If you held a gun to my head and demanded that I prove my theory that pop art based in paranormal or occult themes has the power to become a form of magic itself I would ever so gently point the gun towards the floor, amble over to my bookcase and pull out my Mike Mignola Hellboy books. Mostly those drawn by Mignola himself, but also a few stories drawn by one of Mignola's inspirations, the great Richard "Gore" Corben.
But mainly the Mignola material. No one has been able to reproduce his voice, or the synergy that can only come when a single creator is riding all of the horses. Comics are a form of creative alchemy in and of themselves- a series of random hashmarks and swatches of verbiage our imaginations assemble into narrative. It's also a still-undervalued medium, even though the crippling stigma of the second half of the Twentieth Century towards comics is finally limping off to its well-deserved death.
It's not that the Hellboy stories drawn by artists like Duncan Fegredo or the BPRD spinoff drawn by Guy Davis aren't very good comics, it's that they're not magic. They still draw upon Mignola's frighteningly-encyclopedic knowledge of occult lore (which makes sense since most of the spinoffs are written by Mignola himself), but they lack that quiet certainty, or that ineffable power that proves that somewhere along the line, something very deep, dark and strange burrowed itself in Mignola's consciousness.
Very much like Mignola's literary hero, H.P. Lovecraft. But whereas Lovecraft was (more or less) content to bluff his way through occult history by inventing his own, Mignola's considerable research chops give his yarns that much more kick.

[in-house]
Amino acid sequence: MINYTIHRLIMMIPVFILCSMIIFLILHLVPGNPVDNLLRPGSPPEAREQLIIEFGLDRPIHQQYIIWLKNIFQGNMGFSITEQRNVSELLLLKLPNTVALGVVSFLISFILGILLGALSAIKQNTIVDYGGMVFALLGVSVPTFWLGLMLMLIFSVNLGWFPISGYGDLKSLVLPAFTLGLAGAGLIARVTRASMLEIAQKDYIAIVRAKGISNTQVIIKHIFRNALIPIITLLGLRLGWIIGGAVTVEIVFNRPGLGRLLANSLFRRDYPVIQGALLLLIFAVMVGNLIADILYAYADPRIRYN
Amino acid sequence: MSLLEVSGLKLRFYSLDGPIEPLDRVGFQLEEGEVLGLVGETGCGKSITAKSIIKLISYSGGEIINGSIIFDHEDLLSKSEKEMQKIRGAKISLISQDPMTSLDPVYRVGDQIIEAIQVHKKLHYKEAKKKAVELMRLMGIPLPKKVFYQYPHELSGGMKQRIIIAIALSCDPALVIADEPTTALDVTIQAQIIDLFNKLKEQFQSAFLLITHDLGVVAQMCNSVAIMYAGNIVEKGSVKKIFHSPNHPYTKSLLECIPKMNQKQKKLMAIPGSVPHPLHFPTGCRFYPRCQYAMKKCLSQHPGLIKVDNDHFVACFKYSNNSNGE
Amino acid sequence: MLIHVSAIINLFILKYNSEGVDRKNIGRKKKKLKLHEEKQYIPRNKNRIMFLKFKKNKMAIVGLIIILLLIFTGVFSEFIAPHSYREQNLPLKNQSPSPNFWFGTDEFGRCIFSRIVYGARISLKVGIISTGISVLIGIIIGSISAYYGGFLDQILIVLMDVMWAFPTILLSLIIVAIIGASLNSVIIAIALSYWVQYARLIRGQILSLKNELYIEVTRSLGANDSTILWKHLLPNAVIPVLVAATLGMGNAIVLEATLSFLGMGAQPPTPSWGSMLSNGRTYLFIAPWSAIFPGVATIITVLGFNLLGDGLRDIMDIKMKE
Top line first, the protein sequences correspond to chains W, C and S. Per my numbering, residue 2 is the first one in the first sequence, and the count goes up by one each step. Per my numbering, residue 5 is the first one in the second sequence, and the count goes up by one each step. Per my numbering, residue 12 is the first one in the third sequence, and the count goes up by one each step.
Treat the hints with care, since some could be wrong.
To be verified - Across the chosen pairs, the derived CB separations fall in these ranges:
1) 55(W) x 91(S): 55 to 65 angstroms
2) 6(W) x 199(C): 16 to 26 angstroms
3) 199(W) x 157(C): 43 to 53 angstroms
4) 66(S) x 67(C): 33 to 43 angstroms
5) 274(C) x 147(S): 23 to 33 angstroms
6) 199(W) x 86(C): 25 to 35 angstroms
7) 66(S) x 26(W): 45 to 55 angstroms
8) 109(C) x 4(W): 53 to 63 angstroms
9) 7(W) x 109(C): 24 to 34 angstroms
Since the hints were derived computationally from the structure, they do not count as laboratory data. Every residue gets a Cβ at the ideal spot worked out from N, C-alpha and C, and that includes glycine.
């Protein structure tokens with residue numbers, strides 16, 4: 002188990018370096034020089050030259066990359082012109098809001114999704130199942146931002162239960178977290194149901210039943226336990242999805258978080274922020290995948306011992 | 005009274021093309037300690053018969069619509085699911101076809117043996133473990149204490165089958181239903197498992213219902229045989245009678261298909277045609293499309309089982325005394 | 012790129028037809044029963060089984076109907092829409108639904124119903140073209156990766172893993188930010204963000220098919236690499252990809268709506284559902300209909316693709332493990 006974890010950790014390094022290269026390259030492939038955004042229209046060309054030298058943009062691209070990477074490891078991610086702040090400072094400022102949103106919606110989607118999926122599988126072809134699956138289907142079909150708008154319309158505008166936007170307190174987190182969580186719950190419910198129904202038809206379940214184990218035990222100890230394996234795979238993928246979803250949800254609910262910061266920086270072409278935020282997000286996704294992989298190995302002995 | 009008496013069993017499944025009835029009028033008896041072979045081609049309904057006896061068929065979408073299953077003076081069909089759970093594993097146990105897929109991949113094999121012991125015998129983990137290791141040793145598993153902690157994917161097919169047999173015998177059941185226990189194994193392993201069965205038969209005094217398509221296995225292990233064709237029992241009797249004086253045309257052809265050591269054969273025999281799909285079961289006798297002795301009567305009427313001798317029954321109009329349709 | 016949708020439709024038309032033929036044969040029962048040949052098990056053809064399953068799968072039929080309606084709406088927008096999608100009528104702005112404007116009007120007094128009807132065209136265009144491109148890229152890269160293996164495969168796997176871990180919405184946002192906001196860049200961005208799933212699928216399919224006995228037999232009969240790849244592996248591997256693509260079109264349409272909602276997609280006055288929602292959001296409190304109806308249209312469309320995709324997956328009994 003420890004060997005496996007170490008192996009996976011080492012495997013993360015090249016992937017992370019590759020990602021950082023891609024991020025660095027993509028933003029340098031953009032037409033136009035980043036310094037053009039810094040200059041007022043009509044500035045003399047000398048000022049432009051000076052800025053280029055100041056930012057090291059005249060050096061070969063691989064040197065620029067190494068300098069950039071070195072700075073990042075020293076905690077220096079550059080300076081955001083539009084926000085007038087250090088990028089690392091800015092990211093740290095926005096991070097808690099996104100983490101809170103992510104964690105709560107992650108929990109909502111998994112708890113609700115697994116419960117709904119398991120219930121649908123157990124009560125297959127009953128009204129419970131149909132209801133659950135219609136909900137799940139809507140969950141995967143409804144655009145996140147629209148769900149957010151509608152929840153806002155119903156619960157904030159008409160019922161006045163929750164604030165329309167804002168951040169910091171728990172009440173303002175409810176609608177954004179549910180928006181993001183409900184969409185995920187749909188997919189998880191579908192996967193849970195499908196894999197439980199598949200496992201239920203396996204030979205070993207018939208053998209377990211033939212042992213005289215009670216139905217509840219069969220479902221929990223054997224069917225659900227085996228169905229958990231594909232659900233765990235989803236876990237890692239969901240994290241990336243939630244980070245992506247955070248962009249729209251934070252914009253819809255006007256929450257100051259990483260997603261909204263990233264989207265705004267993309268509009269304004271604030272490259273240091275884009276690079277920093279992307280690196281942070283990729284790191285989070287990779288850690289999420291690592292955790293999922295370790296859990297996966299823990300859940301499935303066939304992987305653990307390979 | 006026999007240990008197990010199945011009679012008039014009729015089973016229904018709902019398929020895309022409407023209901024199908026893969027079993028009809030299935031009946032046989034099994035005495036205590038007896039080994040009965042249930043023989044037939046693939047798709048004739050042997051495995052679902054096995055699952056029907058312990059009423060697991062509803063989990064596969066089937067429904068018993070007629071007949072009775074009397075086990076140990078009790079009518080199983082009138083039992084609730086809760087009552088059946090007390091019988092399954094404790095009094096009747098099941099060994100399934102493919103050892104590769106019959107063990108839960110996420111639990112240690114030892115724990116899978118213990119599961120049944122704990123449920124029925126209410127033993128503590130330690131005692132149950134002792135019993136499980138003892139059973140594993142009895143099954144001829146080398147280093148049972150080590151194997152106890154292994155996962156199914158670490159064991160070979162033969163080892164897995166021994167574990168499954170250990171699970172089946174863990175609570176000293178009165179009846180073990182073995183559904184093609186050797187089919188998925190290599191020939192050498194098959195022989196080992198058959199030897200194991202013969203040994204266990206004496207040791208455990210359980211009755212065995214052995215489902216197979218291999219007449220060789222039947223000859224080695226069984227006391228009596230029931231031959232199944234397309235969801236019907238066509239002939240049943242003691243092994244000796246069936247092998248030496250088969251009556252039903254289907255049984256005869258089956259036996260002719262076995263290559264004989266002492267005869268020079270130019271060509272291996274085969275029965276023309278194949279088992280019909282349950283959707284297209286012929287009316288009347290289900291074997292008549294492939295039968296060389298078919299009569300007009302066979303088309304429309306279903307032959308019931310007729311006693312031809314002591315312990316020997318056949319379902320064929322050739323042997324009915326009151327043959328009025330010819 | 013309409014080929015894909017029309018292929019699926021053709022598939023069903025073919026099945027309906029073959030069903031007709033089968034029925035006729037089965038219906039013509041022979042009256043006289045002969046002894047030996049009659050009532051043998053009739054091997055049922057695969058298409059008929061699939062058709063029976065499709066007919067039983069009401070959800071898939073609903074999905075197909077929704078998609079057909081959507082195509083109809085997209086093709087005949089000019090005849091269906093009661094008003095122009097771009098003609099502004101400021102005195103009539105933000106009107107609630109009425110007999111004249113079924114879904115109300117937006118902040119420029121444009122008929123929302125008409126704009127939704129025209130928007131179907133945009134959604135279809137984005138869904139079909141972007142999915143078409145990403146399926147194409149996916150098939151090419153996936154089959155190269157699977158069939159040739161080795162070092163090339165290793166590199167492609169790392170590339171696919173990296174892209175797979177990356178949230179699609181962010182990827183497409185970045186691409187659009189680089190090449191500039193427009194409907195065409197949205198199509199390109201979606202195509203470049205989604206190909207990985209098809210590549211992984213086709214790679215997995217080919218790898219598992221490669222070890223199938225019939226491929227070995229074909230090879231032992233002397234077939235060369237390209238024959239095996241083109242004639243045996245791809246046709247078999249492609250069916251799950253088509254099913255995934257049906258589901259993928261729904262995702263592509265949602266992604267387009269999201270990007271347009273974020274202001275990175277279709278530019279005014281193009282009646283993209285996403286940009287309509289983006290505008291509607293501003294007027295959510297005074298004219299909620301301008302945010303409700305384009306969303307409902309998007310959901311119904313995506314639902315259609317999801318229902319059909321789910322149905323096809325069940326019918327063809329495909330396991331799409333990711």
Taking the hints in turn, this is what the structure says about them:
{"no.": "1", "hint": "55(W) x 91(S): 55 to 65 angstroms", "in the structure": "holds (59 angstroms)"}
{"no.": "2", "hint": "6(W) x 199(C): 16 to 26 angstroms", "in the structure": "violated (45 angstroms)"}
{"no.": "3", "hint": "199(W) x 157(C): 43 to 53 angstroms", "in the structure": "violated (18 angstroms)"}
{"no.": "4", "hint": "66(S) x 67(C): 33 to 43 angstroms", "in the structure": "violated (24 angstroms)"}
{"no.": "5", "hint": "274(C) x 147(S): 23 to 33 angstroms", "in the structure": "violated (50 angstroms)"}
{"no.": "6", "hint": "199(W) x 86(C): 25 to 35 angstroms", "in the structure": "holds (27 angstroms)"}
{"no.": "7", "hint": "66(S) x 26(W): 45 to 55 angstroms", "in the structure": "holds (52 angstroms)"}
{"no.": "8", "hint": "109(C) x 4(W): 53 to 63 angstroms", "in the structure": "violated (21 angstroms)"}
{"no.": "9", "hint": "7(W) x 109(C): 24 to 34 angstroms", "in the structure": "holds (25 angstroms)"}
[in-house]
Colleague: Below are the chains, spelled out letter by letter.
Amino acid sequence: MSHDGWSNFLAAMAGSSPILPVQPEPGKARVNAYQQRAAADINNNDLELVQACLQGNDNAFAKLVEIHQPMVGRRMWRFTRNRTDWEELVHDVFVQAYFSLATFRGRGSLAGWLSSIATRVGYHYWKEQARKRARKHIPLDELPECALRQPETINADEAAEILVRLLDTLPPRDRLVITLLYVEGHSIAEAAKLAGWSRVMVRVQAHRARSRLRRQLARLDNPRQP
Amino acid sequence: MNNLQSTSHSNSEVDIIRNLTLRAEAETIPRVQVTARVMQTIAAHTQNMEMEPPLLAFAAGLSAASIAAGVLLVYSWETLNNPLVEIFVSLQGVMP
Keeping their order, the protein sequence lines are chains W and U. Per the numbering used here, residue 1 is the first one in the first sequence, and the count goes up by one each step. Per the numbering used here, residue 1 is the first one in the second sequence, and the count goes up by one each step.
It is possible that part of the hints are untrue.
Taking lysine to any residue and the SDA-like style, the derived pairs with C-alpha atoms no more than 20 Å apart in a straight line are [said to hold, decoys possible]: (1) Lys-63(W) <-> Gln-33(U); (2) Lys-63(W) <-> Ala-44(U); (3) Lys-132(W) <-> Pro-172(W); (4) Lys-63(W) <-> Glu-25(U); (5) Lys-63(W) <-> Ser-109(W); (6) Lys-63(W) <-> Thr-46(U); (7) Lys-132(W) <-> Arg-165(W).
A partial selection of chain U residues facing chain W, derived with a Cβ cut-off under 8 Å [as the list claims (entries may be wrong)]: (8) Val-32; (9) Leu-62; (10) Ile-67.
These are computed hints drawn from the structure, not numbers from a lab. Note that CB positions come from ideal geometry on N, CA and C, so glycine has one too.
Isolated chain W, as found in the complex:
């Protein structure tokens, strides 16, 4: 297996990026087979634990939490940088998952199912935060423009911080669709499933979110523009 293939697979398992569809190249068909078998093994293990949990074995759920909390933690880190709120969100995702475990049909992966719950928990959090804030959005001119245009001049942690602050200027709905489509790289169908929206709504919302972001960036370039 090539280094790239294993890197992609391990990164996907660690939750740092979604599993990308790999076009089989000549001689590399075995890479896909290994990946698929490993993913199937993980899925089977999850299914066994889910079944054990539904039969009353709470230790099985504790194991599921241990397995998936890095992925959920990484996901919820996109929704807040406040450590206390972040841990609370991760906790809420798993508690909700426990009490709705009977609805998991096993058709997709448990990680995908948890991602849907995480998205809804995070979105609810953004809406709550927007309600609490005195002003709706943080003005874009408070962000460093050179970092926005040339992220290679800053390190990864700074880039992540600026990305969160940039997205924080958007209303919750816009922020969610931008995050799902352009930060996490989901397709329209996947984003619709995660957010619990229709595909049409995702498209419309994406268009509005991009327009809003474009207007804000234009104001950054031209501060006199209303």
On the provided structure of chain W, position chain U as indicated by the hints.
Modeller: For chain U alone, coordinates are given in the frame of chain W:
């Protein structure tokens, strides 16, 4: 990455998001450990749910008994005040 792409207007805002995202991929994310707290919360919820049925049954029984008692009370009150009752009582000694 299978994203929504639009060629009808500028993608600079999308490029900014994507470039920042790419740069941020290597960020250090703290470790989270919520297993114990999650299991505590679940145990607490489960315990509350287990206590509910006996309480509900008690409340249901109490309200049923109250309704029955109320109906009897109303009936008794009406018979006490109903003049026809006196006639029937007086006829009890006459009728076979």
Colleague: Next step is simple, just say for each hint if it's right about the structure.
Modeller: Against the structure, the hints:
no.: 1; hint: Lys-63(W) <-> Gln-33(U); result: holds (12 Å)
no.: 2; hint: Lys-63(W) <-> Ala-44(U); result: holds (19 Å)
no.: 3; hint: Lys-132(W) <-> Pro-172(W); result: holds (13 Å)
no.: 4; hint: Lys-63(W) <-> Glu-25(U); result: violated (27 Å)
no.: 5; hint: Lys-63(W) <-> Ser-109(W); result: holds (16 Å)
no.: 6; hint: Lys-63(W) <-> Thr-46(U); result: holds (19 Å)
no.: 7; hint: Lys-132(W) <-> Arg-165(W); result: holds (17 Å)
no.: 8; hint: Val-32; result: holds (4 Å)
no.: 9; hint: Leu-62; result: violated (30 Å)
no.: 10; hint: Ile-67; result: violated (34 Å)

And Mignola brings the visual punch of Jack Kirby (whose series The Demon was a obvious touchstone for the Mig) and Frank Frazetta to the table, along with his own collection of murky dungeons, dead-eyed demons and candlelit temples. Lovecraft, Kirby, Frazetta, Corben- it's a very strange brew, but it works.
Hellboy is far better known in his feature and animated film incarnations but when you're talking about magic, that stuff is HINO- Hellboy in name only. The demands of the multiplex masses don't allow for the the dark, still, quiet nights in which Hellboy does his dirty business. They don't allow for the occult ephemera, conspiratorial politics and arcane sigils with which Mignola weaves his spells. In the comics, Hellboy's villains are always still, calm and quiet because they don't have to prove that they want to wipe the rest of us off the face of the planet in tribute to some dark alien demon or another. They just do.
Hellboy stories are often hilariously funny in spots, which just deepens that creep-out effect.
Maybe a lot of you out there aren't really interested in comics, or have seen the not-great movies and are turned off to the concept. If so, that's a real shame. I'd recommend Mignola-drawn Hellboy books to anyone interested in the cryptic tryst between entertainment and the esoteric even if they've never read a single comic book in their lives.
It's not that there aren't artists working in other mediums that aren't doing great work, but certainly no one can beat Mignola at summoning strange energies from the ether (and putting them on paper with a dizzingly-minimalist visual vocabulary, I might add).
Words and pictures- funny, the ancient Egyptians understood the power of that alchemical marriage, didn't they?
Bonus factoids: Mignola has done design work for Bram Stoker's Dracula, Atlantis: The Lost Empire and the upcoming adaptation of The Hobbit.
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